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Empowering Women in Education: Addressing Leadership Disparities and the Role of Mentorship

Designing Educator Learning Experiences in NTC’s Anchors for Equity

Sabrina Plassman
Chief Operating Officer

Designing Educator Learning Experiences in NTC’s Anchors for Equity

Cheryl Leong
VP of Finance and Business Operations

In education, women’s leadership isn’t just important—it’s crucial for building inclusive school environments and driving student success. Chief Operating Officer and former 6th-grade teacher Sabrina Plassman, and Vice President of Finance and Business Operations Cheryl Leong who previously worked in California schools overseeing finance, budget, and compliance, advocate for systemic changes to empower female education leaders. They share insights and perspectives highlighting the urgency of fostering strong female leadership to drive positive change in schools nationwide.

Why is it so crucial for women to be in leadership positions in education?

Sabrina: It’s essential for women to hold leadership positions across all industries and roles. Women comprise half the population, and our representation is crucial for students and children in all fields. It’s particularly striking to observe that while 77% of school teachers are women, the proportion drastically decreases at leadership levels. It’s an endemic issue across the board.

Cheryl: As women, we understand each other’s challenges, experiences, and needs. School serves as a secure environment for all students, where many can access resources like hot meals and find stability when their parents and caregivers are at work. They look up to their teachers, many of whom are women. Having someone like them in a leadership role can offer support to these women in the classroom who directly influence student outcomes.

Why are advocacy and sponsorship important for female educators?

Sabrina: When we talk about mentorship, sponsorship, and coaching from higher levels, it’s essential to have women in those upper positions to provide guidance and opportunities for other women climbing the ladder. This is core to New Teacher Center’s work — deepening teachers’ understanding of their own professional growth and creating a pipeline for teacher-leaders to take on leadership roles. We know that having a manager or mentor who shares similar characteristics, such as being a woman, particularly a woman of color, can significantly impact our ability to navigate work responsibilities effectively. This understanding becomes especially important for women who are also caregivers, as having a manager who comprehends the challenges of balancing these roles can foster a sense of security and enable us to bring our full selves to work. In contrast, lacking this diversity at higher levels, particularly of women or individuals with similar experiences, can result in feeling misunderstood and judged for having competing priorities.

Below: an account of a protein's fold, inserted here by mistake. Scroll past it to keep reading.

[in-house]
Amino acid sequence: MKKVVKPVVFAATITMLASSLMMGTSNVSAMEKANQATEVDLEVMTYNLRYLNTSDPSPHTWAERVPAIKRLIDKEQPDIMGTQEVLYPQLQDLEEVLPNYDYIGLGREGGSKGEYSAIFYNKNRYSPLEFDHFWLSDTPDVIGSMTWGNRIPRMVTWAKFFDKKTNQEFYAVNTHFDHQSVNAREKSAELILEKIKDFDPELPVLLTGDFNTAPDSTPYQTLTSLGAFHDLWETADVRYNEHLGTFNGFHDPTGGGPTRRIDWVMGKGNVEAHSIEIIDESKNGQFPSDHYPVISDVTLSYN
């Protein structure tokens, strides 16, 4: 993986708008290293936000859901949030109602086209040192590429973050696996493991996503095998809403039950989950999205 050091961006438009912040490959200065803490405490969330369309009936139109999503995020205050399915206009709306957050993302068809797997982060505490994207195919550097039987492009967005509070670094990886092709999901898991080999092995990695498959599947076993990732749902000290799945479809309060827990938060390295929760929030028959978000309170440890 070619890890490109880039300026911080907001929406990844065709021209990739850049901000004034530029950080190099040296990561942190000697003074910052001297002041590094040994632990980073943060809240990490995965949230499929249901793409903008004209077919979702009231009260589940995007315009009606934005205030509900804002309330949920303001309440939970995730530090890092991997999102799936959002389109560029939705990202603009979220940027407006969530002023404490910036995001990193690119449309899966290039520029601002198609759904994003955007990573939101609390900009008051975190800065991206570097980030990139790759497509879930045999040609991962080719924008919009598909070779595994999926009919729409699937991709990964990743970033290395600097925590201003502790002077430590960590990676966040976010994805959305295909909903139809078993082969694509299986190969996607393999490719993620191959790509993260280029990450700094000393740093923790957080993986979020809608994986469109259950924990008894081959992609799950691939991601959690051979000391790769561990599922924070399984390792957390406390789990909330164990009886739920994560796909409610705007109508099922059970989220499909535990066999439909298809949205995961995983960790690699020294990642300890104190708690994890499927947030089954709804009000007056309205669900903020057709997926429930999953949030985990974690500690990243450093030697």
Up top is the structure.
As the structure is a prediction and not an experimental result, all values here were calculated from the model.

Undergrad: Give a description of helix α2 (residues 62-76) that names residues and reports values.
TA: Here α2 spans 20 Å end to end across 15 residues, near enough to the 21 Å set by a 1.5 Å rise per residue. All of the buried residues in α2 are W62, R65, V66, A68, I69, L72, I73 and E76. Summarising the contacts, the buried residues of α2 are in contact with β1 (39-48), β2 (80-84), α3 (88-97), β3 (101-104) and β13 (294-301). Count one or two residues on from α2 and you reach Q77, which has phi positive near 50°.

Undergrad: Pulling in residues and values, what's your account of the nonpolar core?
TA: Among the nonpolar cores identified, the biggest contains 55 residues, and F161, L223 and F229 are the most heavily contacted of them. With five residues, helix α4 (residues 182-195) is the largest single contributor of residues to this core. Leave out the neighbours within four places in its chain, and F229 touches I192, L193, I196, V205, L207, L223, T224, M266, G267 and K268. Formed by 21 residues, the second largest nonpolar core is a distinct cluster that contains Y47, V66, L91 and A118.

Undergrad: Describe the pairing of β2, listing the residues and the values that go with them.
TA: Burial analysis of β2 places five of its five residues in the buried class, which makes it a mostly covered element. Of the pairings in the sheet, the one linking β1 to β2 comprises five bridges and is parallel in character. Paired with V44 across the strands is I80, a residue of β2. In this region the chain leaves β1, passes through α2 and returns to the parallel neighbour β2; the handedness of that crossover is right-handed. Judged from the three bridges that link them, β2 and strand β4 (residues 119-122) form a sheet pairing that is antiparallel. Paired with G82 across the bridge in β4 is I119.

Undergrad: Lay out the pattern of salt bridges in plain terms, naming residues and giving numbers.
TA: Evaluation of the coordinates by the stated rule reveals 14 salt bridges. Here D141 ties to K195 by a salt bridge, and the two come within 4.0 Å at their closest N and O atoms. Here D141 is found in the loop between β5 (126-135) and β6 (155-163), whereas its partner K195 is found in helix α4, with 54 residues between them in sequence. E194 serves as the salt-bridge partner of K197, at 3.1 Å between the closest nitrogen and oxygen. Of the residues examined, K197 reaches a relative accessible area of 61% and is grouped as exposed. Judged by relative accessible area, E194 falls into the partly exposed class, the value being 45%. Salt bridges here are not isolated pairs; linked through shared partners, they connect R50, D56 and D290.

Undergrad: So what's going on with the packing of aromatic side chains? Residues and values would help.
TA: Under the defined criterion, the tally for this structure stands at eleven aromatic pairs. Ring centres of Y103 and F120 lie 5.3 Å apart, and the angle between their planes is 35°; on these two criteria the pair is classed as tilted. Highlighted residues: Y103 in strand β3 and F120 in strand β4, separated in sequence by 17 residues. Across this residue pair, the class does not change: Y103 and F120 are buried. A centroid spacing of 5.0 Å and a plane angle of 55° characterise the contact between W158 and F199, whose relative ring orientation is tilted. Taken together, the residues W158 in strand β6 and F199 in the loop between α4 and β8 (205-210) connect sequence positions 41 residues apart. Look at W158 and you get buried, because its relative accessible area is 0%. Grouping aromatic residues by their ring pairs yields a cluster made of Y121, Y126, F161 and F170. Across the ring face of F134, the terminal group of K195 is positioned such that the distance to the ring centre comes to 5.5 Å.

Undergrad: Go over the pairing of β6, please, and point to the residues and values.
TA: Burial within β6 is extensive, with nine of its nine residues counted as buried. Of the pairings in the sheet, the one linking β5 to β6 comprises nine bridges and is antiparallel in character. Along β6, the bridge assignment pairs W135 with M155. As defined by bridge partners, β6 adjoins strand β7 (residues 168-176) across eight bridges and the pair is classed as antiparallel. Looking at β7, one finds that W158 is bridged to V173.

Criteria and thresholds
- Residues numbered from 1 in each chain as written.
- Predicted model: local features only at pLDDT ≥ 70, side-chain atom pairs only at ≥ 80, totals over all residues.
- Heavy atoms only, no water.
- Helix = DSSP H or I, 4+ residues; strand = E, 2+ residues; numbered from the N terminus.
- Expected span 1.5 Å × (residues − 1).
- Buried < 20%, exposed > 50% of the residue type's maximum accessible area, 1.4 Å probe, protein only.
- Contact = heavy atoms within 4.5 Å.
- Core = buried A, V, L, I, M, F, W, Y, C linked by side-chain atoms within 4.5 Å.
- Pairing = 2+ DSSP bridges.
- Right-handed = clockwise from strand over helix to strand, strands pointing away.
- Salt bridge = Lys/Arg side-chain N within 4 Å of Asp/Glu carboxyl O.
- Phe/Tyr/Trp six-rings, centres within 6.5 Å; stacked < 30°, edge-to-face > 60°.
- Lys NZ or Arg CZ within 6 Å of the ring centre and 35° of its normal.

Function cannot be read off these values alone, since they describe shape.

How important is it for organizations like Chief, National Association of Elementary School Principals, Center for Women in Leadership, Women Leading Ed, and Education Leaders of Color, which spotlight women leaders of color in the national conversation, to rebalance the system of leadership in education?

Cheryl: Organizations like these are crucial. They not only foster a sense of connection on a personal level but also offer valuable insights into various regional issues and perspectives across the country. Additionally, it’s important to emphasize the significance of finding community at a local level. Apart from larger organizations, local groups provide opportunities for in-person interactions and the sharing of experiences, including tacit knowledge and operational norms that may not be as evident in national or larger organizations.